A North Idaho operator of unmanned aircraft systems tripled its sales in 2016 as it widened its focus beyond agricultural jobs such as monitoring crops, livestock and timber stands.
Empire Unmanned, based in Hayden, experienced “tremendous growth” in mining, engineering and structure inspections, the company said Friday. The company flew for 72 customers on 257 flights.
Using drones, the company maps and examines stockpile volumes, documents the progression of construction work, and inspects bridges and road surfaces, among other applications of the fast-growing technology.
Empire also developed a certification course required for commercial small drone pilots under new Federal Aviation Administration rules. The course will be offered to the public for the first time in February through North Idaho College, taught by company President Brad Ward, a retired Air Force pilot.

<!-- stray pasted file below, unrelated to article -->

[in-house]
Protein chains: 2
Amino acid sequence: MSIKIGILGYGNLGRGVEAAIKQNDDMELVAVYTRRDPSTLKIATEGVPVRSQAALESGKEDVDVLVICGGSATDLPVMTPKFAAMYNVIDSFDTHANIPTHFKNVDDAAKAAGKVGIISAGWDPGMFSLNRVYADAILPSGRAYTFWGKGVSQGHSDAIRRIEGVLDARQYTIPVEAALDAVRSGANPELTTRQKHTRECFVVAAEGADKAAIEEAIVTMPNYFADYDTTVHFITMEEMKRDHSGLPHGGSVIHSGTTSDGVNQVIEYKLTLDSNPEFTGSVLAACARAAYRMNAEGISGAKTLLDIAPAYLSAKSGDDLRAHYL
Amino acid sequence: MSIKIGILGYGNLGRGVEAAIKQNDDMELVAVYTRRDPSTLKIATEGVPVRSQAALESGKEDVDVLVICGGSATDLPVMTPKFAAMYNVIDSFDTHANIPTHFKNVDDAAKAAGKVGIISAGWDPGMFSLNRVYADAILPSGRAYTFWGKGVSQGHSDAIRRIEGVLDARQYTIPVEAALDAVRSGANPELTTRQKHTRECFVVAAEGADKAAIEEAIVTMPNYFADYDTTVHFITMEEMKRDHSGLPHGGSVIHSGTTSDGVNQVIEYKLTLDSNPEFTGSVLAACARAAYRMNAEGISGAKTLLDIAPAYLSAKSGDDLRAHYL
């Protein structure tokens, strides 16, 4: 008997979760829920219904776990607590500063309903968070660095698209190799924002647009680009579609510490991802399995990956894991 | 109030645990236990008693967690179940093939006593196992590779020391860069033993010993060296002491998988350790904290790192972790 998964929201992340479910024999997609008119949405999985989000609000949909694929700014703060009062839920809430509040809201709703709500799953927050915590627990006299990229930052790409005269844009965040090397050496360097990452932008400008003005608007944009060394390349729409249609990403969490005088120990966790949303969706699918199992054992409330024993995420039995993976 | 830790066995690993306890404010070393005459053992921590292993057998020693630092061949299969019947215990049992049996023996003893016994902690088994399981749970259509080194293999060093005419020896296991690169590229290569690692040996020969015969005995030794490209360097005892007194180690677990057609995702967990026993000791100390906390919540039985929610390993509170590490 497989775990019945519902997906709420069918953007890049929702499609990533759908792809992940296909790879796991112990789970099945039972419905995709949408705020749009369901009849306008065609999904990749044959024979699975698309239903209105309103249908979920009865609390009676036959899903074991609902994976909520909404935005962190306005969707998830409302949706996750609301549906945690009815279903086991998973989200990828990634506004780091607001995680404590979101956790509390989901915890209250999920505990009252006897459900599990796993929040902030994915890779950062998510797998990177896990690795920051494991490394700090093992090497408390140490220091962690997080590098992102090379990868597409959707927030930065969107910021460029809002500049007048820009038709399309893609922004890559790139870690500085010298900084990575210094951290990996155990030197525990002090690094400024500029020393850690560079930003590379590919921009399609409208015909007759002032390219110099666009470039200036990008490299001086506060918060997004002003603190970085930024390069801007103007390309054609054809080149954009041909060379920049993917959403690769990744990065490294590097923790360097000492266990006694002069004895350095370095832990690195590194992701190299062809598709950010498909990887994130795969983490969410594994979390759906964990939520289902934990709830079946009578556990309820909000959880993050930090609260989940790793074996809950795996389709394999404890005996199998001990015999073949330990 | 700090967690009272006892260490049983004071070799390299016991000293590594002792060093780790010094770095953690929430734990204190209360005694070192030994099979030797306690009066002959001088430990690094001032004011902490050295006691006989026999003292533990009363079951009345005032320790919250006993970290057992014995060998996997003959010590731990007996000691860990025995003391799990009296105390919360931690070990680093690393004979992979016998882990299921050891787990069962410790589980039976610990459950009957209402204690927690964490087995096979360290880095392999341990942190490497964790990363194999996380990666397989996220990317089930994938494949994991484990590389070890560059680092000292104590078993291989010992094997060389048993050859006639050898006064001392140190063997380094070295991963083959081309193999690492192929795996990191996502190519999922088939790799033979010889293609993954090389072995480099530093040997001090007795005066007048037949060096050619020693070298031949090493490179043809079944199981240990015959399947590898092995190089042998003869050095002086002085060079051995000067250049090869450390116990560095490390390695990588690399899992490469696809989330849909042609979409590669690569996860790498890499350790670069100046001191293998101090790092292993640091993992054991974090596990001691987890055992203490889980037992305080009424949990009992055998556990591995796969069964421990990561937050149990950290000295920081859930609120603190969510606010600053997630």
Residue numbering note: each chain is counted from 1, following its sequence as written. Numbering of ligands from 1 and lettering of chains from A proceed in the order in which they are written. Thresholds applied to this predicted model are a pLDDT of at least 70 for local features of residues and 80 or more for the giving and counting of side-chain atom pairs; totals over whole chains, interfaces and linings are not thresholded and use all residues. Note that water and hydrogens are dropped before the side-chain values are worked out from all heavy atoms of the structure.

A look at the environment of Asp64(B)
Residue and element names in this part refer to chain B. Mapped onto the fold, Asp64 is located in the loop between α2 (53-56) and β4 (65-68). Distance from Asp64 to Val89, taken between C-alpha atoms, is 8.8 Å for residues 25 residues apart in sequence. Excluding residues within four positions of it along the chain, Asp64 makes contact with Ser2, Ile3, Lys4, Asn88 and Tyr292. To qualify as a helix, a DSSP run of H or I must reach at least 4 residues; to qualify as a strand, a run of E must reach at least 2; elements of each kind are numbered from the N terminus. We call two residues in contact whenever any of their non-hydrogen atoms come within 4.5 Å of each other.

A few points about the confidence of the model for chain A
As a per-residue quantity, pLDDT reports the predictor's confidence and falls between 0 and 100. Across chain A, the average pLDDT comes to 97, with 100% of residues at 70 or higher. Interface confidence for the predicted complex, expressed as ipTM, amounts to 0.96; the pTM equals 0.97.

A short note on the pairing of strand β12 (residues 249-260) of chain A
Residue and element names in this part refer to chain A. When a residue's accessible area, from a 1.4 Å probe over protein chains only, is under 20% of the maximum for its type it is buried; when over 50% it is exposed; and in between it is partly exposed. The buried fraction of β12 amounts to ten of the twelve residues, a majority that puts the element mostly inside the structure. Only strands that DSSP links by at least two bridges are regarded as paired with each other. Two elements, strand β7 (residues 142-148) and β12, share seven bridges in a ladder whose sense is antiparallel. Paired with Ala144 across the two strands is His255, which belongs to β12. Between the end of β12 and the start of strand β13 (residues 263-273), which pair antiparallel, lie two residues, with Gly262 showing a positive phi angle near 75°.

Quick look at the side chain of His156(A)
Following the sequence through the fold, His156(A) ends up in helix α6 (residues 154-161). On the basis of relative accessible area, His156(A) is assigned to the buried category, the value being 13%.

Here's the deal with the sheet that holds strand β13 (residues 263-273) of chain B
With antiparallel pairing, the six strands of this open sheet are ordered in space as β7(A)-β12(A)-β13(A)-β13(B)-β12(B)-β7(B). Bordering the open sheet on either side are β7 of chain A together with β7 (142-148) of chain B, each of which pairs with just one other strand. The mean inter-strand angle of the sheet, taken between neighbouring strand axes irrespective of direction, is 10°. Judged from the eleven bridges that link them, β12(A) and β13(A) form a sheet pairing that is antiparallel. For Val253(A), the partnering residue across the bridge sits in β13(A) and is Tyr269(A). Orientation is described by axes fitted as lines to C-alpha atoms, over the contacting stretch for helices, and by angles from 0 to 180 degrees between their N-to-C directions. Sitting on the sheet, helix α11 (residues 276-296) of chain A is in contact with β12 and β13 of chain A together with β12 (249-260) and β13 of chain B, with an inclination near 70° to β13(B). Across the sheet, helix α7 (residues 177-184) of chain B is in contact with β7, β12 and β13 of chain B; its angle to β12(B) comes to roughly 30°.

Empire soon will offer its certification course at other sites throughout Idaho and the Northwest, Ward said. Commercial drone operators no longer must have a professional pilot’s license under the federal rules.
“We are also opening up the company’s Global Information System data processing and analysis services to outside contracts,” Ward said.
The company said it has expanded its storage capacity, processing speed and delivery, allowing it to manage data storage and GIS processing for other drone operators.
Empire Unmanned, a division of Empire Airlines, was the eighth company in the U.S. to receive an FAA exemption to operate drones for commercial purposes. The company is adding California, Wyoming, Colorado and Nebraska to its existing service area of Idaho, Washington, Montana, Utah and Oregon.
Empire Unmanned has 16 employees in Coeur d’Alene, Boise, Pocatello, California’s Central Valley and Monument, Colorado. Staff members include a geographic information system director and two analysts.
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